Guest Columns

Judge Kane has set the highest of standards

GUEST COLUMNIST

“I want to tell this next generation that the philosophers were right; that St. Francis, Buddha, Muhammad, Maimonides – all spoke the truth when they said the way to serve yourself is to serve others. And that Aristotle was right, before them, when he said that the only way to assure your happiness is to give.”

U.S. District Judge John L. Kane
50th Class Reunion
University of Denver College of Law
May 22, 2010

It was a great thrill to read the Denver Post article about John and see him getting the credit he deserves for his many years of fighting for justice and serving others. He has had a continuing and powerful influence on me for almost fifty years.

When I got out of the Army in the spring of 1963, totally adrift, I ended up going to law school at CU Boulder. It was a dreary experience dominated by what I felt were Ivory Tower professors who seemed to have little interest in real world problems. Then, near the end of my senior year, along came John Kane. He was the public defender of Adams County at a time when there were only two public defender offices in Colorado — Adams County and Denver — plus a part-time office in Durango. It wasn’t until 1970 when the legislature created a statewide system.

I was taking a criminal practice course taught by Jim Carrigan and Don MacDonald, the highlight of my law school experience. John came to talk to our class and mentioned that he had an insanity trial the next day and needed someone to help prepare for the psychiatrist. I jumped at the chance.

That night there was a sudden violent spring snowstorm; the drive to Brighton the next morning was a nightmare of snowdrifts and broken branches. It was like an omen that this Brighton experience would be like life changing.

I found John and we went to the courtroom where Lyle Dale Surratt, our mousy looking client was waiting. He had been charged with sexually assaulting his children. Soon the courtroom was full of one of the most extraordinary cast of characters you could imagine.
Jean Jacobucci was the District Judge, a distinguished looking Italian with swept back grey hair. Although not a great legal scholar, he had an uncanny ability to focus on the core of the case and he always did what was fair and just.

Harlan Bockman was the Assistant District Attorney, a low key but very capable trial lawyer who really ran the District Attorney’s office. He subsequently served more than 30 years as a highly respected District Judge.

Floyd Marks was the DA. Volatile but very generous and caring when you got to know him, he would charge in and out of the courtroom throughout the trial. At one point, he slammed the little swinging gate between the trial area and where the spectators sit, shattering it.

Dr. Henry Frey was the psychiatrist. A Harvard graduate, he was the Director of the Adams County Mental Health Center and the leader of the growing movement to develop a statewide community health center system as an alternative to warehousing so many people in the two state hospitals.

Little did I know that all these characters were about to become a major part of my life.

Shortly after the trial ended with Surratt having been found insane, John offered me a job at $500 a month. I had been negotiating with one of the 17th Street law firms about going to work for them and helping open an office on the Western Slope where I’d grown up, and was to meet with Ed Benton from the firm after finishing my Wills and Estates exam. Unable to concentrate, I finally I walked out of the middle of the exam, called Ed and said that I had decided to take John’s offer. Despite what seemed like tacky behavior on my part, Ed remains a very close friend and has always said that I made the right choice by going to work for John.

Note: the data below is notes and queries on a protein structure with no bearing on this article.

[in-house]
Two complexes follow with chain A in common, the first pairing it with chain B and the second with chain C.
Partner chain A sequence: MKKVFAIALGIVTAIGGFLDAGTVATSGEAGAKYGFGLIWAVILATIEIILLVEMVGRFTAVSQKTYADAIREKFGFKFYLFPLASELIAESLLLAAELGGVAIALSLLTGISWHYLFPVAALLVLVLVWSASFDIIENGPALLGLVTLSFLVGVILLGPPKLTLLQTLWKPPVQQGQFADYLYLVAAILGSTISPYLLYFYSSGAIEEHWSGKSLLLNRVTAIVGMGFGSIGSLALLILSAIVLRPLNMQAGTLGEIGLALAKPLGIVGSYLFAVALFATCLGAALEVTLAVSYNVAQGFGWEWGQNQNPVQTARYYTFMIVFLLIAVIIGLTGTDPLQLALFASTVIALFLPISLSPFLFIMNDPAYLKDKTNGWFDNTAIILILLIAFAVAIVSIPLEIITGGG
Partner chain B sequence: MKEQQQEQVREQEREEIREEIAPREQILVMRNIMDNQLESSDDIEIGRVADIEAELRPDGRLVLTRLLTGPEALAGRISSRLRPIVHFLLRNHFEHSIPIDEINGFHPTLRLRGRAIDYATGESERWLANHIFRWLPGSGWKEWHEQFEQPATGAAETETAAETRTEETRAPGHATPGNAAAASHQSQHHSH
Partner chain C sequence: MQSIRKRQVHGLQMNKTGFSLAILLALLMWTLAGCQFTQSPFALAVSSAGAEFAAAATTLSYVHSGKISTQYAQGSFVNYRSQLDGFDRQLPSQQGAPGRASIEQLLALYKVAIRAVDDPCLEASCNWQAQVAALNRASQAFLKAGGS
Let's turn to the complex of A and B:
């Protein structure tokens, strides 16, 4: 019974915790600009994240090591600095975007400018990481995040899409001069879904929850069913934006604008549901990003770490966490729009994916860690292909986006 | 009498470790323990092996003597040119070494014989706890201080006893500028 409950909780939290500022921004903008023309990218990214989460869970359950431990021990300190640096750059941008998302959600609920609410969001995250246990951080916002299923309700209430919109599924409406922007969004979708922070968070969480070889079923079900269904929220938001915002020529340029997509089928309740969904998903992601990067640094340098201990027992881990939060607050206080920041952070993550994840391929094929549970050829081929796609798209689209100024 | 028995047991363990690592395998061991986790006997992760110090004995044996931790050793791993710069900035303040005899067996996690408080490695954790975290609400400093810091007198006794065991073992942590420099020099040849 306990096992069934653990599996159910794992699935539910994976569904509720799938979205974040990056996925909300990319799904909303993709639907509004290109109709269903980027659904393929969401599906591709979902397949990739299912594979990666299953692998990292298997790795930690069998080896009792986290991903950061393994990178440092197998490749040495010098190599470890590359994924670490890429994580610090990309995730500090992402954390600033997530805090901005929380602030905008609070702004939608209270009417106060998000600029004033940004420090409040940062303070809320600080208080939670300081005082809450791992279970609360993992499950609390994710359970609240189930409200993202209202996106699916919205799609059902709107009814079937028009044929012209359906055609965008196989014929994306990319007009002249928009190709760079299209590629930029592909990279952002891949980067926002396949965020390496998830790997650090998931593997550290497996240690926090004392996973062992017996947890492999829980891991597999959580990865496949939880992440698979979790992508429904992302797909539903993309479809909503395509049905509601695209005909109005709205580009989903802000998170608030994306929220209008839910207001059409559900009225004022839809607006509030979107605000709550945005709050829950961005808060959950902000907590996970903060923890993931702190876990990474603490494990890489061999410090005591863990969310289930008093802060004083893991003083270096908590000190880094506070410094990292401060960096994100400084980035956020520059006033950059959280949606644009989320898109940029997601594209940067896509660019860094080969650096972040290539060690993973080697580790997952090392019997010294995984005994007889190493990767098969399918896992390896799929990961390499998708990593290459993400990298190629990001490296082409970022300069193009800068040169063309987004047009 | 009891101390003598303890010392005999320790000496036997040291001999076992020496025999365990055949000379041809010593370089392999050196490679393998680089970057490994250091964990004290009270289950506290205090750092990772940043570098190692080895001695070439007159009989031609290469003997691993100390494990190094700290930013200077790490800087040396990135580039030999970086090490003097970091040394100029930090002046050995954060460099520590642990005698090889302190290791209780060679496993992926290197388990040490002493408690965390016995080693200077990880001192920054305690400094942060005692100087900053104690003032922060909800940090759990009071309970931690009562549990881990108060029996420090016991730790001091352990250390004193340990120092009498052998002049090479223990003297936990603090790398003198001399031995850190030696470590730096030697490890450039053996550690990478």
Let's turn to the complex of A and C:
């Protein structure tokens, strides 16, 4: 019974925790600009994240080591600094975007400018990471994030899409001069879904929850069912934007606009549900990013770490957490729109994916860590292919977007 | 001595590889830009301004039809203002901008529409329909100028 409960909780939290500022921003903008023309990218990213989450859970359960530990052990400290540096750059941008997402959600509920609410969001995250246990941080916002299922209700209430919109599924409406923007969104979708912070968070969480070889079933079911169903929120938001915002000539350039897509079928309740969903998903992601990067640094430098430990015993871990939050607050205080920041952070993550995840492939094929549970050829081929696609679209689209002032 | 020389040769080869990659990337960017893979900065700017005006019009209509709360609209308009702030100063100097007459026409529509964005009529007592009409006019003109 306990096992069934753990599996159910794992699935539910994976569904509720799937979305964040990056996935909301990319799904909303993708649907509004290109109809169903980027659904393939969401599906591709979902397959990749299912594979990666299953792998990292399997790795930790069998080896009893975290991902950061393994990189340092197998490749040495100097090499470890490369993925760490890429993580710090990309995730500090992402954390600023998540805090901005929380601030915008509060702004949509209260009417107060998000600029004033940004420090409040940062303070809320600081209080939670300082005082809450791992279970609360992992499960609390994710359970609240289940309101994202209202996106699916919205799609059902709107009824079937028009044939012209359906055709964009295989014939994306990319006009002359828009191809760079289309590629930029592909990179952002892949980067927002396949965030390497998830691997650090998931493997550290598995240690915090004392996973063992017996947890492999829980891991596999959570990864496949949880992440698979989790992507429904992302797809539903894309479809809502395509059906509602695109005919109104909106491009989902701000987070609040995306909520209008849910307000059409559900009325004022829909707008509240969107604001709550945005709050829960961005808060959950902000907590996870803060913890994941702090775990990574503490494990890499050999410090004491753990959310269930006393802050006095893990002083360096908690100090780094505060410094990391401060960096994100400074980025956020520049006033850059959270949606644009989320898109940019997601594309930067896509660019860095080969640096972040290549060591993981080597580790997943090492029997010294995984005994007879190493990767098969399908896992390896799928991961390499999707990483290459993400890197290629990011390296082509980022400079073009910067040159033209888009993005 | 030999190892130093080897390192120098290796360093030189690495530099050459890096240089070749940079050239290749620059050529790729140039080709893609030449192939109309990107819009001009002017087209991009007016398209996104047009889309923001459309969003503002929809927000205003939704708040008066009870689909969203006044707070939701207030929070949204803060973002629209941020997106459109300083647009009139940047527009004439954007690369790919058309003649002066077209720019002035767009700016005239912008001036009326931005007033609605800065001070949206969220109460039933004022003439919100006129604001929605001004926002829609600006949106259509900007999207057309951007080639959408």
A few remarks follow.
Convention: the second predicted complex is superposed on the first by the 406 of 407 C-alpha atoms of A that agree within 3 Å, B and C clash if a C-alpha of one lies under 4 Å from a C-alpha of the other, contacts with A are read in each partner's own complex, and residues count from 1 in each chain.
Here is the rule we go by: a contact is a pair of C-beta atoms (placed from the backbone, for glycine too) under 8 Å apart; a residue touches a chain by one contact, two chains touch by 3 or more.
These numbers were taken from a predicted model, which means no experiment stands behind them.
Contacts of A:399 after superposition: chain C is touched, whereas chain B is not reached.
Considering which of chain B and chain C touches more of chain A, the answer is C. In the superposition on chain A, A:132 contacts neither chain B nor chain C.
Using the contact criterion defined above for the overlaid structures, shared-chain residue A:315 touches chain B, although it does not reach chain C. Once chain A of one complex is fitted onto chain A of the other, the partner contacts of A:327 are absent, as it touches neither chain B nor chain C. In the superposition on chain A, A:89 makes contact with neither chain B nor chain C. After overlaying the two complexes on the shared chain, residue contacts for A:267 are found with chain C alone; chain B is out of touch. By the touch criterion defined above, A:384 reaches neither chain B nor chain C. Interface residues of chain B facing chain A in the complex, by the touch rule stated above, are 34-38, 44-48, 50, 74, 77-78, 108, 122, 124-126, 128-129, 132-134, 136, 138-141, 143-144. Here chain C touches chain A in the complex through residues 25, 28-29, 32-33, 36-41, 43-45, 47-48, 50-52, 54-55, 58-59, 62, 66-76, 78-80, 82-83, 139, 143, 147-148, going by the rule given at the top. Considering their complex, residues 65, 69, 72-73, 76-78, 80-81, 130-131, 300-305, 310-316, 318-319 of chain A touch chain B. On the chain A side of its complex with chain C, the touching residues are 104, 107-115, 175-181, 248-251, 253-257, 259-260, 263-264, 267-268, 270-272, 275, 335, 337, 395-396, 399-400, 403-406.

After only a few months in the Public Defender’s office, John brought me into the George Titsworth murder case. Titsworth had two older, married brothers who were miners in Leadville. They came to visit him and after lots of drinking, there was a vicious argument during which one brother hit George in the face with the butt of a rifle. As the two brothers and their wives were driving away, George opened fire with the rifle and killed one of the wives. He fled, hid out for several days and was then arrested and charged with first-degree murder.

The jury was qualified for the death penalty and eventually the key witness, one of the brothers testified. After the direct examination, we took a lunch break and John and I went to Jordinelli’s, a local restaurant where he announced that he didn’t feel well and that I should do the cross examination. “But, John,” I said. “I just got out of law school.”

“Are you a lawyer or aren’t you?” he responded. Although momentarily terrified, I had been thinking about the cross examination of this witness for weeks so I was actually well prepared. However, I will always be grateful to John for the trust he placed in me.

John sets a standard that you have to live up to, whether you’re working for him or just a friend. One of the most important things you can say to yourself is that John would approve of what you are doing. That’s a standard I learned from him and will always try to live up to.

Morgan Smith went to work for John Kane in the fall of 1966. When Kane joined the Peace Corps in 1967, Smith was appointed Public Defender of Adams County. He can be reached at Morgan-smith@comcast.net.